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for. Walk with her, though it be but on a heath or a common, and fhe will difcover numberlefs beauties, unobserved before, in the hills, the dales, the brooms, brakes, and the variegated flowers of weeds and poppies. She enjoys every change of weather and of feason, as bringing with it fomething of health or convenience. In converfation, it is a rule with her, never to start a fubject that leads to any thing gloomy or difagreeable. You therefore never hear her repeating her own grievances, or those of her neighbours, or (what is worst of all) their faults and imperfections. If any thing of the latter kind be mentioned in her hearing, she has the address to turn it into entertainment, by changing the most odious railing into a pleasant raillery. Thus Meliffa, like the bee, gathers honey from every weed; while Arachne, like the fpider, fucks poifon from the fairest flowers. The confequence is, that, of two tempers, once very nearly allied, the one is ever four and diffatisfied, the other always gay and chearful; the one fpreads an univerfal gloom, the other a continual funshine.
THERE is nothing more worthy of our attention, than this art of happiness. In converfation as well as life, happiness very often depends upon the slightest incidents. The taking notice of the badness of the weather, a north-eaft wind, the approach of winter, or any trifling circumftance of the difagreeable kind, fhall infenfibly rob a whole company of its good-humour, and fling every member of it into the vapours. If, therefore we would be happy in ourselves, and are defirous of communicating that happiness to all about us, thefe minutia of converfation ought carefully to be attended to. The brightness of the fky, the lengthening of the days, the encreafing verdure of the spring, the arrival of any little piece of good news, or what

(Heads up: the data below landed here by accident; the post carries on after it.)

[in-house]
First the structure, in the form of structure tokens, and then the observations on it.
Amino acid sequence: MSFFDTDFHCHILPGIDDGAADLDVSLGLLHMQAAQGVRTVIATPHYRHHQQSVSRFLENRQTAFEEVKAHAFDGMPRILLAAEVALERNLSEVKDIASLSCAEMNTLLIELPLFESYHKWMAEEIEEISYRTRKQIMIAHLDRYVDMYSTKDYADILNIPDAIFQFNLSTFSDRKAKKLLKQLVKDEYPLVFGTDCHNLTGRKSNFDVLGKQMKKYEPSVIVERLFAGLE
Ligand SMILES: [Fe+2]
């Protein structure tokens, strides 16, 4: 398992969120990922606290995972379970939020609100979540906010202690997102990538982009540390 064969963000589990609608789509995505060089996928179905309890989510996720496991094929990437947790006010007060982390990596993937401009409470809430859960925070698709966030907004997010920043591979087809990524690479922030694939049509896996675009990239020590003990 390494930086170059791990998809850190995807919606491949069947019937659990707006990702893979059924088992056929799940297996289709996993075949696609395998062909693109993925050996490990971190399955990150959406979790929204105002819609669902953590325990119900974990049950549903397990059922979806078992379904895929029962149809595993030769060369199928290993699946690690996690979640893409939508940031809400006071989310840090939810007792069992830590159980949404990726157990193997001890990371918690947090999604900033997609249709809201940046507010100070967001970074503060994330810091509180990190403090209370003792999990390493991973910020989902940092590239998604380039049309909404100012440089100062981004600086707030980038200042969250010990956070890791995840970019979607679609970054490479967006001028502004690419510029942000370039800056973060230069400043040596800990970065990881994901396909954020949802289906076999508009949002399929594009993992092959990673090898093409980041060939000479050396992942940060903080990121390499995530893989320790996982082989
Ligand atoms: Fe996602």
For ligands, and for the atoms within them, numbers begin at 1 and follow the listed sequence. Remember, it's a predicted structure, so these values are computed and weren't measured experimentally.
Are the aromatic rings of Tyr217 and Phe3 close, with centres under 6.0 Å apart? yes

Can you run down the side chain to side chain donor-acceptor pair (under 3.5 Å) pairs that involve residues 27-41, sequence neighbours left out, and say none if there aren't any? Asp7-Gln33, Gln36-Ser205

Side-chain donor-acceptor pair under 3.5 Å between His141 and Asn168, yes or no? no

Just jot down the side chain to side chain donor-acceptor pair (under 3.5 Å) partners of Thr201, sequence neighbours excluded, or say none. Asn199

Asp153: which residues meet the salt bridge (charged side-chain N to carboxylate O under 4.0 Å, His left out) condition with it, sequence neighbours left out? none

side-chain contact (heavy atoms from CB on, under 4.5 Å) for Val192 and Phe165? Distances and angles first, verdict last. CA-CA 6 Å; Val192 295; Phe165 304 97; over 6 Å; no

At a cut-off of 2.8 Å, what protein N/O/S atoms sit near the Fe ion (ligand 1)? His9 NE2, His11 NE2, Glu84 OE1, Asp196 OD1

ever carries with it the most diftant glimpse of joy, fhall frequently be the parent of a focial and happy converfation. Good manners exact from us this regard to our company. The clown may repine at the funfhine that ripens the harveft, becaufe his turnips are burnt up by it; but the man of refinement will extract pleasure from the thunder ftorm to which he is expofed, by remarking on the plenty and refreshment, which may be expected from the fucceeding fhower.
THUS does politenefs, as well as good fenfe, direct us to look at every object on the bright fide; and, by thus acting, we cherish and improve both. By this practice it is, that Meliffa is become the wifest and best bred woman living; and, by this practice, may every perfon arrive at that agreeablenefs of temper, of which the natural and never-failing fruit is Happiness.